The National Theatre, first built in 1835, is the oldest continuously operating organization on Pennsylvania Avenue NW and the second oldest theater in the nation.
It Was Lit
Theater fires were quite common in this era, perhaps unsurprisingly, given the combination of combustible materials used for lighting and highly flammable stage sets. It’s a fate that befell The National Theatre in 1845, when oil from a spotlight set the stage ablaze. It took five years to repair. The theater burned down again in 1885 but reopened later that year.
After renovations in the 1920s, the theater as it stands today was finalized in 1922.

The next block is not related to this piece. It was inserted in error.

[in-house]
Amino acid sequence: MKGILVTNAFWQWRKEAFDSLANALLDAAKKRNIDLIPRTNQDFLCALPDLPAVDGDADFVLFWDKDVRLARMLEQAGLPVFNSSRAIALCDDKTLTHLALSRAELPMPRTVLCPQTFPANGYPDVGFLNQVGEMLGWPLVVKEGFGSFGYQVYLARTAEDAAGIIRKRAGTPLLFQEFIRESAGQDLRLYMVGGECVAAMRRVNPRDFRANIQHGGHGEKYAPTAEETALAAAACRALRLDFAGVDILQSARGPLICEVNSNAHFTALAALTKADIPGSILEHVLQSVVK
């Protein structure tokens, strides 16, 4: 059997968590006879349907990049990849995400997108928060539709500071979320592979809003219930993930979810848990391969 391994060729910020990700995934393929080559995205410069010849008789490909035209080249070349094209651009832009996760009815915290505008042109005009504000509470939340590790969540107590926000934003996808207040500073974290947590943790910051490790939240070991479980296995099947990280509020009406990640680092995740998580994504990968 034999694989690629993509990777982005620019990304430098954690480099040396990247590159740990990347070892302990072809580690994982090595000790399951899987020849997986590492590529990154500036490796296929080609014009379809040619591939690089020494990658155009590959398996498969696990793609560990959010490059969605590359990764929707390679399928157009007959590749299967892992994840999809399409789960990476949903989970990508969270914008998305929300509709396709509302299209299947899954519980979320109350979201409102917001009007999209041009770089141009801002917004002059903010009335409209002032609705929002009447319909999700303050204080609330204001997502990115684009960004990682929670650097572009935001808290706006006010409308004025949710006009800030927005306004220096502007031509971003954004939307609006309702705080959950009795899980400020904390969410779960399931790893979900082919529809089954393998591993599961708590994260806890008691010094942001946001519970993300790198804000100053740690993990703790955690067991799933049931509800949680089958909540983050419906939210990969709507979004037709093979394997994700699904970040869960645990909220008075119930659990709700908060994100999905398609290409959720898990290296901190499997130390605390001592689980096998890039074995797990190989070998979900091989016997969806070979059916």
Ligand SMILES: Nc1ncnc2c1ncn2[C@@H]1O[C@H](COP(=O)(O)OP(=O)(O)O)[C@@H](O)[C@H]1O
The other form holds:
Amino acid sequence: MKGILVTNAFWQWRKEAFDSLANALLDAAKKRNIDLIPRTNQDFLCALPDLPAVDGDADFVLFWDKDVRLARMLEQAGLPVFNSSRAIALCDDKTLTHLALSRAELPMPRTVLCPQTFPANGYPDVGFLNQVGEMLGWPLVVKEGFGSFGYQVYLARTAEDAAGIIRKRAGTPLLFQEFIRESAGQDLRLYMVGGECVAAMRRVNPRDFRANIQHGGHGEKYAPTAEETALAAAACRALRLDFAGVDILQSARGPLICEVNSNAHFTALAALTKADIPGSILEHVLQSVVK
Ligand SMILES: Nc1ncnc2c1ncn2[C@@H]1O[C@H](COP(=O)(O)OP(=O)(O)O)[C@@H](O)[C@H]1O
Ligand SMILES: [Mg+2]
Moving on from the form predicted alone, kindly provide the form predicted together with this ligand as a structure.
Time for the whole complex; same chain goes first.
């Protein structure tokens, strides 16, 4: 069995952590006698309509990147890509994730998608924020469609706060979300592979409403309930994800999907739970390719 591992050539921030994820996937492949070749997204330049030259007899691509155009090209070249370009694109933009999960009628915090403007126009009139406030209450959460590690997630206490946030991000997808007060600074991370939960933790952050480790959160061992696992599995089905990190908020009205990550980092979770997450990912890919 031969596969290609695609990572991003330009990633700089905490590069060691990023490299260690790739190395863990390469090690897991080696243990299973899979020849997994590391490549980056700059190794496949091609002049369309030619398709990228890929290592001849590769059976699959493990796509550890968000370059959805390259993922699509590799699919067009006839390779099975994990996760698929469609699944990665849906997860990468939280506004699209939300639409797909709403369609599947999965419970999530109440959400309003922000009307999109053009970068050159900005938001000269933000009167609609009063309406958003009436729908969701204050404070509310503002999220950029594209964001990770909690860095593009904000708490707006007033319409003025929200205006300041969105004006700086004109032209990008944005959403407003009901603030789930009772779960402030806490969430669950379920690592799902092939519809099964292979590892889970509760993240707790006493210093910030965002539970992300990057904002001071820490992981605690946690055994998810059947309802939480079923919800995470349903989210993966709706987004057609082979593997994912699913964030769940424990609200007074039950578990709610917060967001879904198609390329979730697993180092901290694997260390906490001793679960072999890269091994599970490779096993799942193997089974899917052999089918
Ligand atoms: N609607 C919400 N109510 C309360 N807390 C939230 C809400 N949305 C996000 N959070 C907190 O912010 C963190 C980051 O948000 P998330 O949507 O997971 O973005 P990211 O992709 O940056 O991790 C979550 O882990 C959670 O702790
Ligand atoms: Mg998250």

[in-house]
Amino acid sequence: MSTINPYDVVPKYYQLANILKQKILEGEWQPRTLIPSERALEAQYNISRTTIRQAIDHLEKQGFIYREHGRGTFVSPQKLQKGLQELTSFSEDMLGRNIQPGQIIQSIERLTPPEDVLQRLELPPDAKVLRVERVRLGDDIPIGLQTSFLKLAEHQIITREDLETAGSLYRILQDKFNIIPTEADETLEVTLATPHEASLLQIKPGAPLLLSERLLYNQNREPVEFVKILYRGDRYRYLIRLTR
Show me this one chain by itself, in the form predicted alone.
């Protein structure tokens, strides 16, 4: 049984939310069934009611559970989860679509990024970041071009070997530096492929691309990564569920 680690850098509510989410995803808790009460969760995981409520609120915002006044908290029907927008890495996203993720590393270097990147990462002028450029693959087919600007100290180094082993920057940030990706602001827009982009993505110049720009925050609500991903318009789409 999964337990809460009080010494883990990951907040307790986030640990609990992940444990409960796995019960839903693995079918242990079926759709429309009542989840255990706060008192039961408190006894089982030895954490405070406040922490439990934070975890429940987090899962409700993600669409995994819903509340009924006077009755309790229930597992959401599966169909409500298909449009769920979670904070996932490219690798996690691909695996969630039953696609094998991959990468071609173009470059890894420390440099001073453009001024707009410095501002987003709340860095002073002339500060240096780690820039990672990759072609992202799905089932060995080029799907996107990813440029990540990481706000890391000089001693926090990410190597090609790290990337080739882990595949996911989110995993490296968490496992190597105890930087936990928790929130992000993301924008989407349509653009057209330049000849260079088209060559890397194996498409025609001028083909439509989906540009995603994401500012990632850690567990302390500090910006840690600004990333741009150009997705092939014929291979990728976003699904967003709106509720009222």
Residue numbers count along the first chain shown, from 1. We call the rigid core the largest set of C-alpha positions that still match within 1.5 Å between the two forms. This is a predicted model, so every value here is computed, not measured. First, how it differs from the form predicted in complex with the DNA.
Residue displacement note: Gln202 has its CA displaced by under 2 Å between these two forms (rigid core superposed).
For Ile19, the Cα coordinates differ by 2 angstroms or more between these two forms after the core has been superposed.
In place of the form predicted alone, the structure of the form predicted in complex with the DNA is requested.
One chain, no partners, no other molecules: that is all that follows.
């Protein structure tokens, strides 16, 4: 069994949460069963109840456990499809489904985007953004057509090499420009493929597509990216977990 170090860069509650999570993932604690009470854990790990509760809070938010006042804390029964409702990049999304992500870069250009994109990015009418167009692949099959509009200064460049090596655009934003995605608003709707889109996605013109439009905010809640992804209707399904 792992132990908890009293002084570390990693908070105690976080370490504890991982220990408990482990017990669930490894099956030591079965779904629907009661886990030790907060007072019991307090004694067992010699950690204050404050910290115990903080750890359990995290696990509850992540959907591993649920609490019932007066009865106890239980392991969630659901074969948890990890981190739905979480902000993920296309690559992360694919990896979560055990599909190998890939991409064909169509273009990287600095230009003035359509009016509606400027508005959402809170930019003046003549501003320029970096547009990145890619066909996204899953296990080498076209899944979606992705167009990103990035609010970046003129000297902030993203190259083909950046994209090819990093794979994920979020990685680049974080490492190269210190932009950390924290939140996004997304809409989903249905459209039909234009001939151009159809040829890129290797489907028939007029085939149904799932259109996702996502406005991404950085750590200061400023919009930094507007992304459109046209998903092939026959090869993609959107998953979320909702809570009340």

Prior to its integration in 1954, Black patrons were not allowed to attend shows, but Black performers were allowed on stage. In fact, its 1933 run of “The Green Pastures” was the first Broadway production to feature an all-Black cast. The play was written by a white man and was “designed strictly for white patronage.” It was so popular with white audiences that the theater doubled its run. After heated debate, theater management decided to allow an integrated audience for the last show.
The National Theatre is one of many of its kind in DC: A gorgeous landmark encapsulating nearly two centuries of arts and politics, providing the District a rich look at its past while mightily pressing towards the future.